Director JS Penny Ltd
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Understand the terminology of climate reporting
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Energy and carbon reporting: What you need to know

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Ahead of the COP26 climate conference, the UK’s financial regulators are paying a lot more attention to the government’s green finance strategy. Julia Penny sets the scene with a rundown of the key terms of reference.

15th Sep 2021
Director JS Penny Ltd
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The government’s Green Finance Strategy sets out its objective to achieve net zero emissions by 2050. Implementing this plan will require unprecedented levels of investment in green and low carbon technologies, services and infrastructure.

If investment is to be secured it is essential that disclosures in annual reports allow readers to understand the climate risks that companies face and the action they are taking to mitigate these risks.

Mandatory disclosure requirements for quoted companies were extended to large unquoted companies and LLPs via a 2018 statutory instrument that updated Schedule 7A to the Large and Medium-sized Companies and Groups (Accounts and Reports) Regulations 2008 and the LLP Regulations.

On 8 September 2021 the FRC published its findings on how well the new Streamlined Energy and Carbon Reporting (SECR) disclosure requirements are being met.

This report follows on from the FRC 2020 Climate Thematic Review which highlighted that: “The boards of UK companies have a responsibility to consider their impact on the environment and the likely consequences of any business decisions in the long term. They should therefore address, and where relevant report on, the effects of climate change (both direct and indirect)”.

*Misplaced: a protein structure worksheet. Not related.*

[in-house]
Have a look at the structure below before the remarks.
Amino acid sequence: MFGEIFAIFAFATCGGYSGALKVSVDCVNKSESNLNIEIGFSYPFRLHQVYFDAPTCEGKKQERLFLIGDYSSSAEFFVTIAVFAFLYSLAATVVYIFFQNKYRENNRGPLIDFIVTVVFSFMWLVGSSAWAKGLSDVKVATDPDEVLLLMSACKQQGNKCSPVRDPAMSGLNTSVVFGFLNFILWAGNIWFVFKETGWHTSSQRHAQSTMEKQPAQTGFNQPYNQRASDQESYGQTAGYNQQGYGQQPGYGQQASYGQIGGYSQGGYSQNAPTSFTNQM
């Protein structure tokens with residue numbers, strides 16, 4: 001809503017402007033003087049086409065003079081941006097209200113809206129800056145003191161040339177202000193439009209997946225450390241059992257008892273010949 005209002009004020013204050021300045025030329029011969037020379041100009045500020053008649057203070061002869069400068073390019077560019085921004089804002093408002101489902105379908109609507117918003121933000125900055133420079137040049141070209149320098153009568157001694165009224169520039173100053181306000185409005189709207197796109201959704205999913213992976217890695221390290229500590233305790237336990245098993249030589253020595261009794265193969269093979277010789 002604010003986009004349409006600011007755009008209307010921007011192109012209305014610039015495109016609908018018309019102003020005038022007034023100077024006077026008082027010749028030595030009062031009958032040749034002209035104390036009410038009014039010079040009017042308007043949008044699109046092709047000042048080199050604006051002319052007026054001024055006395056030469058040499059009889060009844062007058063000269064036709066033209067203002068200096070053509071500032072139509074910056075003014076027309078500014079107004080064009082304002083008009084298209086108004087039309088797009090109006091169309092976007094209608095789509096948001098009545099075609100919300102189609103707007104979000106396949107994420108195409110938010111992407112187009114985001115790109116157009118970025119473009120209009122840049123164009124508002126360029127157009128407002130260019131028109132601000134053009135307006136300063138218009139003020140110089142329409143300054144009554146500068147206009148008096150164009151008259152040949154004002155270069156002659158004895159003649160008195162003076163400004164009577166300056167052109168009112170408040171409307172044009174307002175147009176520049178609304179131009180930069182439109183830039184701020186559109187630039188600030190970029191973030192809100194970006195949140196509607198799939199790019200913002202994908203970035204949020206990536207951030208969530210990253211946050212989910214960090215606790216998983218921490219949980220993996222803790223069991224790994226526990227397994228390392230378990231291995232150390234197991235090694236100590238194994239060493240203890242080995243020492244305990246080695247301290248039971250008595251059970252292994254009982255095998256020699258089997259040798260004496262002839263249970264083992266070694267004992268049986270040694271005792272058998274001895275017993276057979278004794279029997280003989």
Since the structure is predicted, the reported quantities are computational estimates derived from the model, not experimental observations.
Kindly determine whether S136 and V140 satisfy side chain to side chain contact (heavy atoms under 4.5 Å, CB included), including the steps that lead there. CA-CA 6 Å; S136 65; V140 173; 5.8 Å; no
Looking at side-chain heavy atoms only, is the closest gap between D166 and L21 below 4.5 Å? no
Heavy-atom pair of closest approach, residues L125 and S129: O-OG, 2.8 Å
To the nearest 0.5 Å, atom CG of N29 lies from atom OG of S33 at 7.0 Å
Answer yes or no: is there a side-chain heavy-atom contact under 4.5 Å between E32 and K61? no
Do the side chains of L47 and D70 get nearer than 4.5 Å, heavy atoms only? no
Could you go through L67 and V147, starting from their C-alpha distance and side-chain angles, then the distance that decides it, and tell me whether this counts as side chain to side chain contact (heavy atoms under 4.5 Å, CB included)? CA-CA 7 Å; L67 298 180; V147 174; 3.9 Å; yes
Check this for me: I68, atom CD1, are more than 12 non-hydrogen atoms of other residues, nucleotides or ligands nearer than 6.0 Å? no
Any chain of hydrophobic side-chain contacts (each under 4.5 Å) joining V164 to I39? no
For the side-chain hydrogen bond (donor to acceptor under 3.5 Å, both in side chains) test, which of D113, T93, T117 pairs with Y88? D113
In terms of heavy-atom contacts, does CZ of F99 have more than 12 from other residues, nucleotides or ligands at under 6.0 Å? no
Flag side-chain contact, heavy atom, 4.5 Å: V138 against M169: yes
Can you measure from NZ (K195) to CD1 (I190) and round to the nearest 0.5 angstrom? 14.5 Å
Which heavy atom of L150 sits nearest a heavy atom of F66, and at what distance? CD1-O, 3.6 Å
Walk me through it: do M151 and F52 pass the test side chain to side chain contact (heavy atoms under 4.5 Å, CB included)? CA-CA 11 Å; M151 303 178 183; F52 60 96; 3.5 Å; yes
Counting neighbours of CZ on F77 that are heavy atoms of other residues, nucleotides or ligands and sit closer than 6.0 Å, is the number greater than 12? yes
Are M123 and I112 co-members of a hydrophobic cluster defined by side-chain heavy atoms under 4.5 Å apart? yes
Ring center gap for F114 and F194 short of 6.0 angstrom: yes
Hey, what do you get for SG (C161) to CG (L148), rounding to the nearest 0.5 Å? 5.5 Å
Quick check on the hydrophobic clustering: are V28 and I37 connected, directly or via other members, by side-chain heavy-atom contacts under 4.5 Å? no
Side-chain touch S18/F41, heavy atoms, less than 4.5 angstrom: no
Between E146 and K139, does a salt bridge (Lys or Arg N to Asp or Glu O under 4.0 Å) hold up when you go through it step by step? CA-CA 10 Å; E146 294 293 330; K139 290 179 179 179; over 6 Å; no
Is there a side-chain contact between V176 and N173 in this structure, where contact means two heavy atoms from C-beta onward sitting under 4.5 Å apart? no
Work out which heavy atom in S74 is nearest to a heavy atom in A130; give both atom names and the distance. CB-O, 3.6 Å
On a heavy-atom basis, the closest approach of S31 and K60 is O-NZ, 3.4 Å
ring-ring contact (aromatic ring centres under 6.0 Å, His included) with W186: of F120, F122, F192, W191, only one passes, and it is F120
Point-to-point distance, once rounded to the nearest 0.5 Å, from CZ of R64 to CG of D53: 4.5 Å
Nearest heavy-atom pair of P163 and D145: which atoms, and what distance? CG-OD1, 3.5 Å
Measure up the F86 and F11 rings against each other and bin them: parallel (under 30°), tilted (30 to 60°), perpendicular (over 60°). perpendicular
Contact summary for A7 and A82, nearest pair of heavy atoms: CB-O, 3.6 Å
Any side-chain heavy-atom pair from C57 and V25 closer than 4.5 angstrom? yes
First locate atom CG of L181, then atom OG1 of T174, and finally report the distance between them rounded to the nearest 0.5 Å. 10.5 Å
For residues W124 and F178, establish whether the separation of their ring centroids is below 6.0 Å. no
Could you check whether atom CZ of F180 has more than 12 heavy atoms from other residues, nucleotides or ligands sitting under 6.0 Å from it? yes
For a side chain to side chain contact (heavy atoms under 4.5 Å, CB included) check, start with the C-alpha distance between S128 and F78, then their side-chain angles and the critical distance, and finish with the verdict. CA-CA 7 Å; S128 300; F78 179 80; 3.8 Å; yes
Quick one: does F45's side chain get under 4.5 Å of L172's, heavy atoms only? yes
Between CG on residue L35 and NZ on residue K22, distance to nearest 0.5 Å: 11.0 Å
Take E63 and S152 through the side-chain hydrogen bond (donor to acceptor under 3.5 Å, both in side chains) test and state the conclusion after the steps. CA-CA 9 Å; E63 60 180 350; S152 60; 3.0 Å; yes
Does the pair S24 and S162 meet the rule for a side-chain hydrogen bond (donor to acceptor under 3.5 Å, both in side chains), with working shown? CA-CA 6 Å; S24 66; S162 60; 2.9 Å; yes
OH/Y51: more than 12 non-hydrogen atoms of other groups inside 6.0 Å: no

Dig beneath the jargon

But let’s pause for a second – we have already started to talk in the jargon of climate change professionals, but for most of us this is a new area, where we are not fully familiar with the terms used. To understand or prepare the required disclosures and contribute to strategy discussions about sustainability you will need to be familiar with some new terms.

What follows is not a comprehensive list, but the table below sets out some of the most relevant and commonly used terms, especially in terms of disclosures of climate related issues. Accountants who following the links and take the time to digest the underlying terminology will be better equipped to respond to the challenges and regulatory requirements that are likely to emerge from further climate change initiatives that emerge in the months to come.

Abbreviation Full name Description
CDBS Climate Disclosures Standard Board An international consortium of business and environmental NGOs committed to advancing global corporate reporting on natural capital.
CO2e Carbon dioxide equivalents Reporting of emissions covers a variety of greenhouse gases but to simplify the overall impact it is given in terms of the equivalent emission of carbon dioxide. The government provides conversion factors for calculating CO2e.
COP26 The Conference of Parties 26 This is a major UN Climate Change conference being held in Glasgow from 31 October 2021. (It was originally planned for 2020 but postponed due to the pandemic). The aims set out include discussing how to  achieve net zero ideally by 2030, but at least by mid-century as well as protecting communities and natural habitats, mobilising finance and working together to tackle the climate crisis.
GHG Green House Gas Emissions GHG are emissions from gases which cause climate change. SECR requires disclosure of emissions from carbon dioxide, methane, nitrous oxide, hydrofluorocarbons, perfluorocarbons and sulphur hexafluoride. The disclosure of nitrogen trifluoride emissions is encouraged.
GHG Protocol Greenhouse Gas Protocol Corporate Accounting and Reporting Standard This standard covers the accounting and reporting of seven greenhouse gases covered by the Kyoto Protocol. It sets out the three scopes commonly used to describe emissions (see definitions below).